The cometary globule CG4 glows menacingly like the gaping mouth of an interstellar celestial creature.
The above image was taken by ESO’s (European Southern Observatory) Very Large Telescope.
Although it looks huge and bright the globule is a faint nebula and not easy to observe. The exact nature of CG4 is a mystery.
In 1976, several elongated comet-like objects were discovered on pictures taken with the UK Schmidt Telescope in Australia.
They became known, because of their appearance, as cometary globules even though they have nothing in common with comets.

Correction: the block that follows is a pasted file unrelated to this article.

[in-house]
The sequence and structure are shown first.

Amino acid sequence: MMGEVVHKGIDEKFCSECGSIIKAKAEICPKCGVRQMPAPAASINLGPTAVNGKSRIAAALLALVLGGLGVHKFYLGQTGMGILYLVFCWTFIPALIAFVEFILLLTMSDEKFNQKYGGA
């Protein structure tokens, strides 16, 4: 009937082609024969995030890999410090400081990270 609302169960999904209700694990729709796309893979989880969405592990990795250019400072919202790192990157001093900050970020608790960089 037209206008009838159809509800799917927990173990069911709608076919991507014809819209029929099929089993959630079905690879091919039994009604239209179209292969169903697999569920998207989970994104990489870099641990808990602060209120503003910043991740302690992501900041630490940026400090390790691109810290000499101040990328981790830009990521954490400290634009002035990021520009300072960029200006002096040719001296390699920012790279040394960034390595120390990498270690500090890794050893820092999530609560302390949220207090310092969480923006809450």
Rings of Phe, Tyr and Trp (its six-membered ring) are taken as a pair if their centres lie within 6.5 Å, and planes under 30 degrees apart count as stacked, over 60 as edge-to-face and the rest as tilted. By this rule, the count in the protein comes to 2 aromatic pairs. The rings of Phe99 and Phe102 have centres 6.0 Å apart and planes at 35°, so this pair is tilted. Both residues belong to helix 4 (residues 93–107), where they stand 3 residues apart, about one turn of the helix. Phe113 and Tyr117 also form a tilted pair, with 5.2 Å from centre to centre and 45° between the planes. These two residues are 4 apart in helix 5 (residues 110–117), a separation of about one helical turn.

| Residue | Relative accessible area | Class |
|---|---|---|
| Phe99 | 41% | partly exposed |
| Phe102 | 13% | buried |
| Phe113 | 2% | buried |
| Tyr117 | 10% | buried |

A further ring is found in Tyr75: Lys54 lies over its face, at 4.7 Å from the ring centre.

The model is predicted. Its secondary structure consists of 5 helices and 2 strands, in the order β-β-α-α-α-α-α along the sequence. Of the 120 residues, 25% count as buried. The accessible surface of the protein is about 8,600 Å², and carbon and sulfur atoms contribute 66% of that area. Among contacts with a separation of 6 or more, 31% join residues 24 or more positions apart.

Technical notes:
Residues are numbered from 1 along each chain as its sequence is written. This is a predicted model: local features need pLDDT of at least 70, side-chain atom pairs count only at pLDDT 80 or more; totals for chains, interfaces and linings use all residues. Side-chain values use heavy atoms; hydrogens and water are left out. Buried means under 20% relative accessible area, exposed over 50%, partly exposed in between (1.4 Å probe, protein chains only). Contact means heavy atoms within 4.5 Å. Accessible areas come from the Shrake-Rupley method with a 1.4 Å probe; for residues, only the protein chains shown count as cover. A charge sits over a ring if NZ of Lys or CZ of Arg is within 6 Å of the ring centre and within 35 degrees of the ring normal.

They were all in a patch of gas called the Gum Nebula. They had dense, dark, dusty heads and long, faint tails which were generally pointing away from the Vela supernova remnant located at the centre of the Gum Nebula.
The object in this new picture, CG4, also sometimes referred to as God’s Hand, is one of these cometary globules.
It is located about 1300 light-years from Earth in the constellation of Puppis.
This new photograph comes from the ESO Cosmic Gems program, an outreach initiative to produce images of interesting, intriguing or visually attractive objects using ESO telescopes, for the purposes of education and public outreach.
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